She does comment that she likes to muse on her own life and times. And I'm noticing that she considers herself old and a bit crocked up, as do most of her characters, though they are at most in their early seventies.  Which made me wonder if attitude is part of this, as well as good luck and good health or the lack of it. Interesting book, not exactly a novel, though, more a series of episodes, roughly interlinked.

The other Drabble I'm reading is The Pattern in the Carpet, a nonfiction work about jigsaw puzzles and other kinds of pastimes for all ages.  I read it partly to get some insight into why people like jigsaws, because she loves them, and I hoped her analysis would get me there.  Which it only partly did.  

I ended up concluding that people who love puzzles of this kind are at heart not interested in visual invention.  They are following the path laid out for them, fitting in the pieces designed to go only one way into their ordained places.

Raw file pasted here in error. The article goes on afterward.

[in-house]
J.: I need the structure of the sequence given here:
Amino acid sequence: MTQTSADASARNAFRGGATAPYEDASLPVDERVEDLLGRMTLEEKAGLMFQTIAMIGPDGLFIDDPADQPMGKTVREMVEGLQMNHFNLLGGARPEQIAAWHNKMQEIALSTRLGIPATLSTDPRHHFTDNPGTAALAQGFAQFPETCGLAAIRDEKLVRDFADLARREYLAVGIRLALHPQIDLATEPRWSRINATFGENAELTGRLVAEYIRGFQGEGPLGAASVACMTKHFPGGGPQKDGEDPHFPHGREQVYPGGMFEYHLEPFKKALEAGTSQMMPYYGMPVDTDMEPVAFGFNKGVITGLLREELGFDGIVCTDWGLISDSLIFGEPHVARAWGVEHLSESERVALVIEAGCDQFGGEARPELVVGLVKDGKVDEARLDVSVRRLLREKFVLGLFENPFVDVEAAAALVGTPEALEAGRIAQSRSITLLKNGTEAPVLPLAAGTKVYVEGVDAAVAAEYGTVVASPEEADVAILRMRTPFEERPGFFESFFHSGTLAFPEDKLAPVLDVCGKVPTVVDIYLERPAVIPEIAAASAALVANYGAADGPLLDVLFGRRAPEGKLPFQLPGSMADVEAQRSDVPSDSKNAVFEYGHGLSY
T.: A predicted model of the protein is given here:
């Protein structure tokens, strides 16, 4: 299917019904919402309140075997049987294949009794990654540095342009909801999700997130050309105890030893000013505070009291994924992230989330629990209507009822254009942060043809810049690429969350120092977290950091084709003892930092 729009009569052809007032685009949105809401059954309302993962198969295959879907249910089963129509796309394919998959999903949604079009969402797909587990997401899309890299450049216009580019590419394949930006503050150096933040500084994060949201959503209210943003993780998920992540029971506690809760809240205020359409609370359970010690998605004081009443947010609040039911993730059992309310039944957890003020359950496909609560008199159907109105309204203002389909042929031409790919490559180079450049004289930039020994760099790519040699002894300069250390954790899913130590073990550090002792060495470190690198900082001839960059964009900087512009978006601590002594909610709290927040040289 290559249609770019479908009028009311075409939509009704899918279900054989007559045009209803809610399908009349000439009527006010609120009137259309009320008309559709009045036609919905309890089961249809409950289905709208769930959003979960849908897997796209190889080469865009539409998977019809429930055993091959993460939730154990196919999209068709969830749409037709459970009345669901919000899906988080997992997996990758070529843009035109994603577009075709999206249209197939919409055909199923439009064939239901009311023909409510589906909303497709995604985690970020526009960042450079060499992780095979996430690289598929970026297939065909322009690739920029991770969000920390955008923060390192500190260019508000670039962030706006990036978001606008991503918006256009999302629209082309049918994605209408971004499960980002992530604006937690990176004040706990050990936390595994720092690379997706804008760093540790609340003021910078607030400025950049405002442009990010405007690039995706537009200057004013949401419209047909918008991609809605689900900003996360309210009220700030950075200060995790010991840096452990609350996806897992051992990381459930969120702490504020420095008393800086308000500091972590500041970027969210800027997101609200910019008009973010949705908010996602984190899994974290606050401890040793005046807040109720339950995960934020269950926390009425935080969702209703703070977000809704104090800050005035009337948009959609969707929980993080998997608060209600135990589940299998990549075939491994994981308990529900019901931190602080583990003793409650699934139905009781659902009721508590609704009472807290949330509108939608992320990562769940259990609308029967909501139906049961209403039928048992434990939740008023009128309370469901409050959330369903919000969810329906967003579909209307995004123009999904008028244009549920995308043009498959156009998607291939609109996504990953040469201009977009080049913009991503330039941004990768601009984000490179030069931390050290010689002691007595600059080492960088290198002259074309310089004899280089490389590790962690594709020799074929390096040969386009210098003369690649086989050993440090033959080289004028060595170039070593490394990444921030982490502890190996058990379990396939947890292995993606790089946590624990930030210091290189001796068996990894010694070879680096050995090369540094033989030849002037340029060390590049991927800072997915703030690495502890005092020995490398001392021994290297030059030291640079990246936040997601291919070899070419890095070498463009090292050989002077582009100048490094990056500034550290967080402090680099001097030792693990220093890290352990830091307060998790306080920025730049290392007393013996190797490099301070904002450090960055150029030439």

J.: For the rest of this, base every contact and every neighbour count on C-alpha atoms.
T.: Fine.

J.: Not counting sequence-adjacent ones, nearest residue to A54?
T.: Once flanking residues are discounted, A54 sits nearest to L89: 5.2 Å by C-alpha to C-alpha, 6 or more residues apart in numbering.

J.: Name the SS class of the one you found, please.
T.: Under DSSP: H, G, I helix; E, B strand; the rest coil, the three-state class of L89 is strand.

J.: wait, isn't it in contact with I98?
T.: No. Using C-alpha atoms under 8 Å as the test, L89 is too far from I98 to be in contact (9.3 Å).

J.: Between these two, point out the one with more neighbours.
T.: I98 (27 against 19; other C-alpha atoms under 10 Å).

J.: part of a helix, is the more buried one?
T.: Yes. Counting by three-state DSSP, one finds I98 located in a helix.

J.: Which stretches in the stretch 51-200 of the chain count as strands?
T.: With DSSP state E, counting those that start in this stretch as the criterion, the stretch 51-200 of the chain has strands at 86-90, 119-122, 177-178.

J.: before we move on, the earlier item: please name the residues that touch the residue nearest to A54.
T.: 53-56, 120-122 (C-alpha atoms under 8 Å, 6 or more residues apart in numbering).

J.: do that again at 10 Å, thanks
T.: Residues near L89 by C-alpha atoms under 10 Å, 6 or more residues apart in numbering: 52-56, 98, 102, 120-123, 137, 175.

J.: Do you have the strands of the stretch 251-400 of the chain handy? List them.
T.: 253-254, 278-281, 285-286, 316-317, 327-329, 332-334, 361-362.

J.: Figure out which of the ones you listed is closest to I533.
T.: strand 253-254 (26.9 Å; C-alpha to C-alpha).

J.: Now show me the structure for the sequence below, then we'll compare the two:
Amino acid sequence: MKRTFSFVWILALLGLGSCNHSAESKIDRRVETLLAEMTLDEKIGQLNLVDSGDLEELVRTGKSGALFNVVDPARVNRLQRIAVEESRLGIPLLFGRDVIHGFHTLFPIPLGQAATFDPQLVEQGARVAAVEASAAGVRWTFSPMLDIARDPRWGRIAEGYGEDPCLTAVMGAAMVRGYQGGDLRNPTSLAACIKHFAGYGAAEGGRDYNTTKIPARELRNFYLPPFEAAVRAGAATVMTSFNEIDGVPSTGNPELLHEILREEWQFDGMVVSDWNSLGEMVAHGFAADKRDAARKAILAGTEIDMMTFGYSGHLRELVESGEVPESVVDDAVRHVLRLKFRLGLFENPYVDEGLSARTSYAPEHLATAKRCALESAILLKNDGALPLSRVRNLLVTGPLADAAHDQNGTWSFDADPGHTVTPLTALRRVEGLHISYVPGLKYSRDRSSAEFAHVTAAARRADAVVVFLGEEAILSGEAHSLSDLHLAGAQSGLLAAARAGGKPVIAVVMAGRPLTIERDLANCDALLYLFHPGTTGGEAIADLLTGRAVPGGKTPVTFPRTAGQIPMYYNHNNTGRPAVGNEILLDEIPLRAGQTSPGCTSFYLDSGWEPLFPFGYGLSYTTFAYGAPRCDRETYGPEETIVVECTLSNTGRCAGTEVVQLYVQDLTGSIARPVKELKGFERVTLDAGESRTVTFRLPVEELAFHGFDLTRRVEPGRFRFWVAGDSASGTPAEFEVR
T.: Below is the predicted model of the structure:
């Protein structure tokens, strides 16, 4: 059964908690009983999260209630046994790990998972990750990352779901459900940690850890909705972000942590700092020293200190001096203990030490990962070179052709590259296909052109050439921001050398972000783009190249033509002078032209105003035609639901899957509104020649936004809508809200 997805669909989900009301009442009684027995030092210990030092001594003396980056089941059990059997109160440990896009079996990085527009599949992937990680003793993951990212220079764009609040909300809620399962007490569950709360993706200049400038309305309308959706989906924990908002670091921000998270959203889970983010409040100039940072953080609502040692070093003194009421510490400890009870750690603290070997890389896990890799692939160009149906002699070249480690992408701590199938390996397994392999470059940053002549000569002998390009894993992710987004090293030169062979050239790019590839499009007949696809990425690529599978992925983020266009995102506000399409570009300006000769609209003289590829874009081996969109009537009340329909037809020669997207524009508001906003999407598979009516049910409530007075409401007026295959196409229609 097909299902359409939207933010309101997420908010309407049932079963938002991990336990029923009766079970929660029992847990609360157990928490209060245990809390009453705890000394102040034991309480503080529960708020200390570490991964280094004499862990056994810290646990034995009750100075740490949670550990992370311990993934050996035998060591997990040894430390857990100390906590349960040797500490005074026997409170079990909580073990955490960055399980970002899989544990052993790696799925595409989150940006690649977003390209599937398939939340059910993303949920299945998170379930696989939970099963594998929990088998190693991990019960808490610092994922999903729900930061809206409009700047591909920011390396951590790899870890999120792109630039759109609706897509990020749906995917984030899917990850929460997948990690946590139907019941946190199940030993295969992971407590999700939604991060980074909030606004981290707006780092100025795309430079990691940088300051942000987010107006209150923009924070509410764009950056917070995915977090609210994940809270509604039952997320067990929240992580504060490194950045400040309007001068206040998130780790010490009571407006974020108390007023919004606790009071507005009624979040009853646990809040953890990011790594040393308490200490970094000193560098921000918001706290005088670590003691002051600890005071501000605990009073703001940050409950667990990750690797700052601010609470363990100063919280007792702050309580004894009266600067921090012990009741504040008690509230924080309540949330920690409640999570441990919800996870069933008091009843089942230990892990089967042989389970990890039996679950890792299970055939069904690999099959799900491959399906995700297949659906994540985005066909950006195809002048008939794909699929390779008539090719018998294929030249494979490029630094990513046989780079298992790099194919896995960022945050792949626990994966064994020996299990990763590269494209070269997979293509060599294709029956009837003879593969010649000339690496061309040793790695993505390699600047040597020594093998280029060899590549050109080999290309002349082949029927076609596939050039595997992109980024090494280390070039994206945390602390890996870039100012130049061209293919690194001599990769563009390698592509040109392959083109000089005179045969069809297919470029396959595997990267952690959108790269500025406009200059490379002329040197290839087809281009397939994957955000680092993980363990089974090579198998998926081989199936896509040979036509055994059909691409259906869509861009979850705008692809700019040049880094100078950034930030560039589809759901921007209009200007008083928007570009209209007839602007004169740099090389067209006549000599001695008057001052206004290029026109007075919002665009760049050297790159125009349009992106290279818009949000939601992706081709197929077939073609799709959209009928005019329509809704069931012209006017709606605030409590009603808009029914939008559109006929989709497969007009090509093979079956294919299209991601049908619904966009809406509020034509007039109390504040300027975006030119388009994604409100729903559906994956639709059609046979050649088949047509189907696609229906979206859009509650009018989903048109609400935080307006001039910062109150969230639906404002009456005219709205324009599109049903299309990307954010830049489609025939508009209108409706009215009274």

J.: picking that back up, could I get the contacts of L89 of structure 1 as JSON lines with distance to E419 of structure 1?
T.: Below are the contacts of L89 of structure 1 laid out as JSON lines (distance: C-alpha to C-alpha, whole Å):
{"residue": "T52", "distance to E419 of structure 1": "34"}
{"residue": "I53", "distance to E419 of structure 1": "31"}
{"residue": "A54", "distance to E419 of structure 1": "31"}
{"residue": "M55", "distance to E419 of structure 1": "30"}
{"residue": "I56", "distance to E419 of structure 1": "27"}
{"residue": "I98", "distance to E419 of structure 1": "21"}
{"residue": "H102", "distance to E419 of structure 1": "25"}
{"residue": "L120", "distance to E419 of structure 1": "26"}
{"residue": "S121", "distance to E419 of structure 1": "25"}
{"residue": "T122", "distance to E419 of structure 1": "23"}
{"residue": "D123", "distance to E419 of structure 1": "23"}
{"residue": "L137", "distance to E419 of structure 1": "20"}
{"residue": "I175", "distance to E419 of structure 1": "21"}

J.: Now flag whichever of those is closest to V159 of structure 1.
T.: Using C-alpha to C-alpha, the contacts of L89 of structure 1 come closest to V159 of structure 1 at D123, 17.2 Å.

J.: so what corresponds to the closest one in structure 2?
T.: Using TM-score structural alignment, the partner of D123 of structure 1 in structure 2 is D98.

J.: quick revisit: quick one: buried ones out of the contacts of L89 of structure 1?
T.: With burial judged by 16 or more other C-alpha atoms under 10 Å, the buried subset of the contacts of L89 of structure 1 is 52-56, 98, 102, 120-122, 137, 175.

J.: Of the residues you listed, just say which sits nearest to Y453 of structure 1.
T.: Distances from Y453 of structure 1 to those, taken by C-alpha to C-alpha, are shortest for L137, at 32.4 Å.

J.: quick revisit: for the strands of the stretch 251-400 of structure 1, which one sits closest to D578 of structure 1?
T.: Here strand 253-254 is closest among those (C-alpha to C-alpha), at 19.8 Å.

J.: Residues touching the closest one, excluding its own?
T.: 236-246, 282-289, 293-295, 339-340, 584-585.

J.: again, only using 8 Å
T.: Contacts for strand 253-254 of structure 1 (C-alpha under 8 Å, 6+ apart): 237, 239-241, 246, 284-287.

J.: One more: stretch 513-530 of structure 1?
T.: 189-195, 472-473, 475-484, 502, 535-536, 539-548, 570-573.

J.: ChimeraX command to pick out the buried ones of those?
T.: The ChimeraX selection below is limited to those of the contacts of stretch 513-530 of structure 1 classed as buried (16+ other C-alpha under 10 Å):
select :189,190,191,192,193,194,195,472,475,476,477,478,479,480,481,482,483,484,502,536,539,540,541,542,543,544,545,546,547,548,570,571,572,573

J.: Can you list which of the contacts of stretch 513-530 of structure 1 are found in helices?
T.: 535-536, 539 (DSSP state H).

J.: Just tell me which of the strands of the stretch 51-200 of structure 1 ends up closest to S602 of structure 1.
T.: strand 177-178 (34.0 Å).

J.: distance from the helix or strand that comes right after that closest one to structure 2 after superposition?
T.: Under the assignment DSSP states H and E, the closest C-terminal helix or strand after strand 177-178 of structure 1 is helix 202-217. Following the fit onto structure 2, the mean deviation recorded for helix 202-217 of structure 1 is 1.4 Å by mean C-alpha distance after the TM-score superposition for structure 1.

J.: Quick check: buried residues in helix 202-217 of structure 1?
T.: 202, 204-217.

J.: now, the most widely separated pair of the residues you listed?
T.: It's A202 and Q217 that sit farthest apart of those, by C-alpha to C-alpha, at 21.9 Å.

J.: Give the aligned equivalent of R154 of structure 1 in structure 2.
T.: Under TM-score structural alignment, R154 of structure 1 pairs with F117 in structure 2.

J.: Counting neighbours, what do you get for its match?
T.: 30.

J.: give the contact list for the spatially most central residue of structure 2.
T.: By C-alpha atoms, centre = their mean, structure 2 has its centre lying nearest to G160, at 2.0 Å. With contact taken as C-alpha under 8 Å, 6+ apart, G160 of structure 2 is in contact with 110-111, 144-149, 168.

It's similar to my puzzlement (!) at people who love patterns of any kind.  To me patterns are only momentarily interesting, giving way to variations that I would like to see there! very personal response. I know mathematicians and scientists who love puzzles and card games, and I think it's a similar response, the comfort of patterns and of correct answers.  Perhaps people who love and get great pleasure out of working kits are enjoying a similar experience.

Not, as Seinfeld would say, that there's anything wrong with that..and I conclude that I accept, well, I have to, but don't understand, the affinity for pattern.  Very good book for all that, whether or not you're a puzzle fan.